Experimental Brain Surgery Performed in L.A.
In the first operation of its kind in California, surgeons at Los Angeles County-USC Medical Center have implanted adrenal gland tissues into the brain of a 43-year-old man with Parkinson’s disease, it was announced Tuesday.
The patient, a former Los Angeles carpet layer, is at least the 46th Parkinson’s victim in the world to undergo the experimental surgery and the 11th in the United States. The first U.S. patient underwent the test procedure on April 9 at Vanderbilt University in Nashville. Since then, the operation has been performed in Tampa, Chicago and New York City. The technique was pioneered by doctors at Centro Medico La Raza in Mexico City.
The Mexican doctors and surgeons from Beijing have reported dramatic improvements in most of the 27 Parkinson’s victims on which they have performed the surgery. For the others, not enough time has passed for their progress, if any, to be evaluated.
In a four-hour operation at County-USC Medical Center on Thursday, a team led by neurosurgeon Michael Apuzzo removed one of the patient’s two adrenal glands from above the kidney, sliced it into 12 pieces and used a long hypodermic needle to inject the pieces through a quarter-inch hole into the patient’s brain.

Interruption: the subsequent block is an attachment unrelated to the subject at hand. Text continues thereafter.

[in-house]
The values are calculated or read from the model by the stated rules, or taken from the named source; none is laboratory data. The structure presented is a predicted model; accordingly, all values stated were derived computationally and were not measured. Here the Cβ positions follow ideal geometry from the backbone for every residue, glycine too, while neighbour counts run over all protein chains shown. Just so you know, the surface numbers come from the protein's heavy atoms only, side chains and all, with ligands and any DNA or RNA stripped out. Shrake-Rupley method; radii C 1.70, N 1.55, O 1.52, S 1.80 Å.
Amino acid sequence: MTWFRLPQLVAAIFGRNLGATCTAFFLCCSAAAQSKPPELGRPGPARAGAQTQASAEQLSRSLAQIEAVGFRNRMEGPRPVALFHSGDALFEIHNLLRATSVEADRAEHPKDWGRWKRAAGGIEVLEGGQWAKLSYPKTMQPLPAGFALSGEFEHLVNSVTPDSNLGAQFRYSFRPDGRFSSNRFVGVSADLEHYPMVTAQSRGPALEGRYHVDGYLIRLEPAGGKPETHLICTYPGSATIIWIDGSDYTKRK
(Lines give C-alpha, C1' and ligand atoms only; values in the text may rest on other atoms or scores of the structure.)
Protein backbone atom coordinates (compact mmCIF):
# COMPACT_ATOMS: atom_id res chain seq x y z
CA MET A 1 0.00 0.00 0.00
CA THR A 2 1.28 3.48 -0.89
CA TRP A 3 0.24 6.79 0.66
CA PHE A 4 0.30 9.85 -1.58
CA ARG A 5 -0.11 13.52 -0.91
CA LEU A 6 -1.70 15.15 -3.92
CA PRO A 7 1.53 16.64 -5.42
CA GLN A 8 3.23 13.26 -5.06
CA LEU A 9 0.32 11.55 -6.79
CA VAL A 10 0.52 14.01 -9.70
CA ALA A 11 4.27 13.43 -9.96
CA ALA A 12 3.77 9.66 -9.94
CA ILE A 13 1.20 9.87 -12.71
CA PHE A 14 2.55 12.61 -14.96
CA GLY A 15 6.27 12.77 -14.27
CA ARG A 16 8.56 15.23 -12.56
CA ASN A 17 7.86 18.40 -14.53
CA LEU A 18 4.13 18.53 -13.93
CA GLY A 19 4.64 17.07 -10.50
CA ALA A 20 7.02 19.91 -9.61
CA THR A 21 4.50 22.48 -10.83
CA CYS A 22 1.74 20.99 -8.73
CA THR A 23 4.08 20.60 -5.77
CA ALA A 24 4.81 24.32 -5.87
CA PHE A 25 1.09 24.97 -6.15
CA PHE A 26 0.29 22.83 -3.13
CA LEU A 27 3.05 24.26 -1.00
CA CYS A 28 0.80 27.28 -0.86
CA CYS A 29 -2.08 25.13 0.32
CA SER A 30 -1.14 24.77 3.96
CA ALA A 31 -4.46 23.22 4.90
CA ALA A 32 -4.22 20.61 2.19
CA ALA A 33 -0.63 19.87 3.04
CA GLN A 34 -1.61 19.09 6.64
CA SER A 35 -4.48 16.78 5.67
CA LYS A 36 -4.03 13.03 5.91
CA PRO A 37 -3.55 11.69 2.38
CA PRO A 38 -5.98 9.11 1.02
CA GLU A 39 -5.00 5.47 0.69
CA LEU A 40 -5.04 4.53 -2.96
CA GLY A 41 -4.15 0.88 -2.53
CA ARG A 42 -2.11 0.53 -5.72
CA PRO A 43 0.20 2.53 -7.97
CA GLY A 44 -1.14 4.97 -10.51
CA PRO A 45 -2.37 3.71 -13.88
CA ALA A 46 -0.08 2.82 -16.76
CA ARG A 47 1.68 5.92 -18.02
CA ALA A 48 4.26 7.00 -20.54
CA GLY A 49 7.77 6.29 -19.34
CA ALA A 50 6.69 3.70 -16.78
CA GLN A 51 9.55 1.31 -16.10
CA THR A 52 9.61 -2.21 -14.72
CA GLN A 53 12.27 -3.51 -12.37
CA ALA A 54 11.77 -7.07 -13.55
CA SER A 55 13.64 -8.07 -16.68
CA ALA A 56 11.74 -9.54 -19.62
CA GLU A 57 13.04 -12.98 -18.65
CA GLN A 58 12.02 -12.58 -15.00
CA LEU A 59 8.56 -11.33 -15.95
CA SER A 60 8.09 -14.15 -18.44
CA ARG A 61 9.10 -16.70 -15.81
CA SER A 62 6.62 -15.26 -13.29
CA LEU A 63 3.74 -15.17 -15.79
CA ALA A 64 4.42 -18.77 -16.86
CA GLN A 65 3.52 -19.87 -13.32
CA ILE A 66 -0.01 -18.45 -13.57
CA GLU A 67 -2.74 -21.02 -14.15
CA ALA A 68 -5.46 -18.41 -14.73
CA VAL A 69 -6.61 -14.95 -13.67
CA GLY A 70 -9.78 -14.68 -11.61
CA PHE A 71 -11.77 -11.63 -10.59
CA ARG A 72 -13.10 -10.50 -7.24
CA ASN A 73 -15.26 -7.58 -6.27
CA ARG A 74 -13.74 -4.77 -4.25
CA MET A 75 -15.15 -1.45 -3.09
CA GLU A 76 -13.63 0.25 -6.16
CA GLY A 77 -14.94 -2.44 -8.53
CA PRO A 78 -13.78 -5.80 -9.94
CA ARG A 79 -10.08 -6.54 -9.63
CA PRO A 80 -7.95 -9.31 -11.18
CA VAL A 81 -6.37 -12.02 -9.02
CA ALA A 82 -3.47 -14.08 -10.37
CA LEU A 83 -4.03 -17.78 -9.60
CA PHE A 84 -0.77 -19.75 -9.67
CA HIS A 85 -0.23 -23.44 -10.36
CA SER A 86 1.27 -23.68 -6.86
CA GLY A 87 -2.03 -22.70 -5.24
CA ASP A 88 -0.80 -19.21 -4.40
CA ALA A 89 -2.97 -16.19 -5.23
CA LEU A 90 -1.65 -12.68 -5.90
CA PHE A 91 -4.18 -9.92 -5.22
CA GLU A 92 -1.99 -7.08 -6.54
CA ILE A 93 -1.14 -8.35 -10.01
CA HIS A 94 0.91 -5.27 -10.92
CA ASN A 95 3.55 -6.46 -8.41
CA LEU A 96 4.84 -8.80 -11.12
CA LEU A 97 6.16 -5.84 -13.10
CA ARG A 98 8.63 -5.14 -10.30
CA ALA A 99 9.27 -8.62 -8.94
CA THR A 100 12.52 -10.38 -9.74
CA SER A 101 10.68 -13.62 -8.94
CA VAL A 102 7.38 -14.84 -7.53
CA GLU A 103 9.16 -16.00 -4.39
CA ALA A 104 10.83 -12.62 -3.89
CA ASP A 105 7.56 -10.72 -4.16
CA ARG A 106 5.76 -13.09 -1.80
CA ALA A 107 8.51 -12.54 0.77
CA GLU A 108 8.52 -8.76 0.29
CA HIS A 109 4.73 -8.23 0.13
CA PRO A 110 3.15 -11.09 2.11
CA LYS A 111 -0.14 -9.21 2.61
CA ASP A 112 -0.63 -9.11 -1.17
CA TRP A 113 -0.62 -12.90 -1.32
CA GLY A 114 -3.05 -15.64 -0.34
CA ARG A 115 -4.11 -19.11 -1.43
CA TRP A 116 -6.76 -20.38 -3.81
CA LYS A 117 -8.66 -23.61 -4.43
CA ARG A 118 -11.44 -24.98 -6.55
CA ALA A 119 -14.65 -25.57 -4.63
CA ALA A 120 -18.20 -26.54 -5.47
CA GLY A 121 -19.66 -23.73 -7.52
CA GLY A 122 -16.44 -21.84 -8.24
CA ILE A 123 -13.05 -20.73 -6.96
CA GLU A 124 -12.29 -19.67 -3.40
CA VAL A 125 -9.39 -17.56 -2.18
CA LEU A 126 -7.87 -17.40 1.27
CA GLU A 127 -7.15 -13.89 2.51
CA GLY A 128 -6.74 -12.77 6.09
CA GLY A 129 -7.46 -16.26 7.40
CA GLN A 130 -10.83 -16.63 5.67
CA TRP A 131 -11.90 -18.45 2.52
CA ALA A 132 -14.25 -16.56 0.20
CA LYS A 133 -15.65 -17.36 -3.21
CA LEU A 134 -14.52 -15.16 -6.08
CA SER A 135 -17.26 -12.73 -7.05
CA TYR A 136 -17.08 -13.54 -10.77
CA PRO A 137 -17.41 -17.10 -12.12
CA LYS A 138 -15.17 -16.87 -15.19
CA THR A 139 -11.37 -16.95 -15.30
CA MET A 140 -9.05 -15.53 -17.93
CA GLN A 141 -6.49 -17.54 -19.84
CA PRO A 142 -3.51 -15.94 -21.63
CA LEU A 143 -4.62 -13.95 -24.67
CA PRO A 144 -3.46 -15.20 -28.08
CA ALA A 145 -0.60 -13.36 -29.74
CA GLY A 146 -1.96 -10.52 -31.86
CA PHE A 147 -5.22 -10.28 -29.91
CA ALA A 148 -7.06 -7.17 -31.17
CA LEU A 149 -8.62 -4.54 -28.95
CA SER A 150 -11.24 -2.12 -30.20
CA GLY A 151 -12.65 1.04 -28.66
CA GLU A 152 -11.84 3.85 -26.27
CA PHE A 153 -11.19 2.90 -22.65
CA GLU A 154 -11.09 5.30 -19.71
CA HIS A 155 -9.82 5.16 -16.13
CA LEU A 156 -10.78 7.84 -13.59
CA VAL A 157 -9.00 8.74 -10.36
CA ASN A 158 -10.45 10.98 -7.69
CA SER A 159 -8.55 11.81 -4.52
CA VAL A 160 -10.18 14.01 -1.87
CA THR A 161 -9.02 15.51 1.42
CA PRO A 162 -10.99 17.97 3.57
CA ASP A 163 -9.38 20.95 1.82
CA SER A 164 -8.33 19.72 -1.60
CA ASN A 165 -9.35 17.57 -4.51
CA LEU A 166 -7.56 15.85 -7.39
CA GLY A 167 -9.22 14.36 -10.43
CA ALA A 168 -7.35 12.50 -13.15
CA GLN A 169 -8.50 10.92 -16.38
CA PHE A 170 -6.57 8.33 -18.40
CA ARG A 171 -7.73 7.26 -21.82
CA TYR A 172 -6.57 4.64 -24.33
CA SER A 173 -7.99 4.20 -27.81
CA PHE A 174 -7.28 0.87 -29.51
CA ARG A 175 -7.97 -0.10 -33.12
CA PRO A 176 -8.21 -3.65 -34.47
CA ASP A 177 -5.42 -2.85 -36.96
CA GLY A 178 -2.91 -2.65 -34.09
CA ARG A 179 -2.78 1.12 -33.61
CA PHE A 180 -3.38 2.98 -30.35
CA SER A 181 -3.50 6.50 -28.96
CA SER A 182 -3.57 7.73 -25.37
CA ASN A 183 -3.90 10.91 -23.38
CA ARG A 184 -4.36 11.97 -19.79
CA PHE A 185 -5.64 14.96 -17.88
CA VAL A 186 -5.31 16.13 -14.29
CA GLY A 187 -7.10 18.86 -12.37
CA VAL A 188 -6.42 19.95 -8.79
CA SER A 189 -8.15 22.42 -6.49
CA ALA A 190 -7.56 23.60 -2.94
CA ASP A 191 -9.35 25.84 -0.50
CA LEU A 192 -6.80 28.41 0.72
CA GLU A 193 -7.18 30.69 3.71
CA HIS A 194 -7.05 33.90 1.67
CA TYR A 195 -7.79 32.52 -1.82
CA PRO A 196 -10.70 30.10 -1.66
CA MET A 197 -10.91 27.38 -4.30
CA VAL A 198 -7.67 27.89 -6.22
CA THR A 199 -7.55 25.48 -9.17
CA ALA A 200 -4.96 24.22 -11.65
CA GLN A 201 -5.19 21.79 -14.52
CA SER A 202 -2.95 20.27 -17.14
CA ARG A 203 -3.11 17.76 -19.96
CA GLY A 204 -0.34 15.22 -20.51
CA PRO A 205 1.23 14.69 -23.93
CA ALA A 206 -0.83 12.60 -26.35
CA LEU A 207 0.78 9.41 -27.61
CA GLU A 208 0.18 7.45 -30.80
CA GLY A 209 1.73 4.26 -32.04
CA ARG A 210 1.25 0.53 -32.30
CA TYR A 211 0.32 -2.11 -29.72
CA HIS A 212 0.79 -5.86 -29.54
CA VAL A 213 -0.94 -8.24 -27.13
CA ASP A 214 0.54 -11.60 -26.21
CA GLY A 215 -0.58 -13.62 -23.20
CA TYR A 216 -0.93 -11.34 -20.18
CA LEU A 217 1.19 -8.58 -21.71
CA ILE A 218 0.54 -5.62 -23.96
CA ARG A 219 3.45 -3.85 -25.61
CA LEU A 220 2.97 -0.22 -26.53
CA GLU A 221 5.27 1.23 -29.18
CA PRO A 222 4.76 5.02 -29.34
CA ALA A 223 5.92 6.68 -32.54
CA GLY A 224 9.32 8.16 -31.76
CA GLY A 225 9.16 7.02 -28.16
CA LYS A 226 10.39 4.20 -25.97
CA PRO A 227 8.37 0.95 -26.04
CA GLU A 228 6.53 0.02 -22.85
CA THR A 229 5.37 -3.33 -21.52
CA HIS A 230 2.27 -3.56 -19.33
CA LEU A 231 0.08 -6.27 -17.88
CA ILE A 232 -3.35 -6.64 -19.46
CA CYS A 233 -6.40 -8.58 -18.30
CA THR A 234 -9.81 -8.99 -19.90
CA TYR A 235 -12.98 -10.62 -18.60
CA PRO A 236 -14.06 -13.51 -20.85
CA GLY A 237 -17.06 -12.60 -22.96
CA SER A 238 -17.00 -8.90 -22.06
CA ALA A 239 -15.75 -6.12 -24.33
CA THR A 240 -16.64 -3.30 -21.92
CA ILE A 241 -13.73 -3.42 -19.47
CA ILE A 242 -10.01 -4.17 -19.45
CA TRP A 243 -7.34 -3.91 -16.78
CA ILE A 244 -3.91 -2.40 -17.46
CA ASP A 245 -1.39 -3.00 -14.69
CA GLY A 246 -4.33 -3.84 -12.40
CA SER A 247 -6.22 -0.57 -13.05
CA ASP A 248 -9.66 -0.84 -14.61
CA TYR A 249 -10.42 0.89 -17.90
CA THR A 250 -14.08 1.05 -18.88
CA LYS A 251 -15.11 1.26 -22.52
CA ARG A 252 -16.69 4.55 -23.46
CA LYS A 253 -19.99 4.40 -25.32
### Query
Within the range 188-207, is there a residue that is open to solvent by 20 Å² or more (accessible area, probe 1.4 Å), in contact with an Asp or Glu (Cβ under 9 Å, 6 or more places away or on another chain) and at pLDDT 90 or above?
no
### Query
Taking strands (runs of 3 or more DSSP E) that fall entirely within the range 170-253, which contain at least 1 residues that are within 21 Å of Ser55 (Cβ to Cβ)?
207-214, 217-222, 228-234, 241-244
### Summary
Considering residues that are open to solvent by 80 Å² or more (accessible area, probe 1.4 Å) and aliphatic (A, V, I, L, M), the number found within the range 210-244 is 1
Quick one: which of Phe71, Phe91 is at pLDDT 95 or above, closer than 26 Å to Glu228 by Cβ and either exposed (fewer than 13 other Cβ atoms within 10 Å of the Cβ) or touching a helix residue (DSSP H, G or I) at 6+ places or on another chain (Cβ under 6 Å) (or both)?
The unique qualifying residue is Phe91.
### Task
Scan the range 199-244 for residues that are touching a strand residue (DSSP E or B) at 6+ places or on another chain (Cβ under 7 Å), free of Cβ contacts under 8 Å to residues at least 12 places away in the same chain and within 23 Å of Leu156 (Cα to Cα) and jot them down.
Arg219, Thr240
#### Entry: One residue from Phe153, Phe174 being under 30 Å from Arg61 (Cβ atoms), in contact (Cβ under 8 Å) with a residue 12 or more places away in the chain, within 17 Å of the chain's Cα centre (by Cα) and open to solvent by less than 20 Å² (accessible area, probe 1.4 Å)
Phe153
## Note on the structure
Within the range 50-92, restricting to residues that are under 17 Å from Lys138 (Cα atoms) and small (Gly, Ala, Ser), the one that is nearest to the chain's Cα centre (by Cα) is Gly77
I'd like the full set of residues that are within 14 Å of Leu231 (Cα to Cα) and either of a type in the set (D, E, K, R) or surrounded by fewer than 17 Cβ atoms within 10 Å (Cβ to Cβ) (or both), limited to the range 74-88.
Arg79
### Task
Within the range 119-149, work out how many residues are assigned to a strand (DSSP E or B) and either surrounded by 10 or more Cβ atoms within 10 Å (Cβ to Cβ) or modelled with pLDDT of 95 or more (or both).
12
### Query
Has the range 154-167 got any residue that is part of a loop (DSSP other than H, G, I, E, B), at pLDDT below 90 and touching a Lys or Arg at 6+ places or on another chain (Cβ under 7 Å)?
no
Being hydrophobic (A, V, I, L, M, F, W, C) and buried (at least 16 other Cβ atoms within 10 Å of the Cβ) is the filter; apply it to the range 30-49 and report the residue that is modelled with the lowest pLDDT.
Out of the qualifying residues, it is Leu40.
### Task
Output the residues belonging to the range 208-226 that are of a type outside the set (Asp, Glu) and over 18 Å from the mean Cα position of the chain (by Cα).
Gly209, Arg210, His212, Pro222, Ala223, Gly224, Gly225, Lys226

The patient, who was not identified, is doing “extremely well,” according to neurologist Leslie P. Weiner, and may be released this weekend.
Weiner said it may be as long as six months before the physicians will know whether the operation was a success.
The patient, who moved to Arizona two months ago, has been unable to work for five years because of the disease. He experiences severe stiffness and pain and needs help caring for himself, Weiner said. “It took him four to five minutes to write his name,” he said.
Parkinson’s disease, which afflicts as many as 1.5 million Americans, most of them over 50, is characterized by severe tremors and rigidity of the limbs. Its cause is unknown, but victims suffer from a deficiency of the brain hormone dopamine, which participates in the transmission of messages between brain cells.
The adrenal glands secrete hormones that control sexual and metabolic functions, among them dopamine, but that dopamine is prevented from reaching the brain by the blood-brain barrier, which shields the delicate brain cells from large molecules and foreign organisms while allowing nutrients to enter.
By implanting the adrenal tissues into the brain, physicians hope to bypass the barrier and allow dopamine to reach brain cells directly.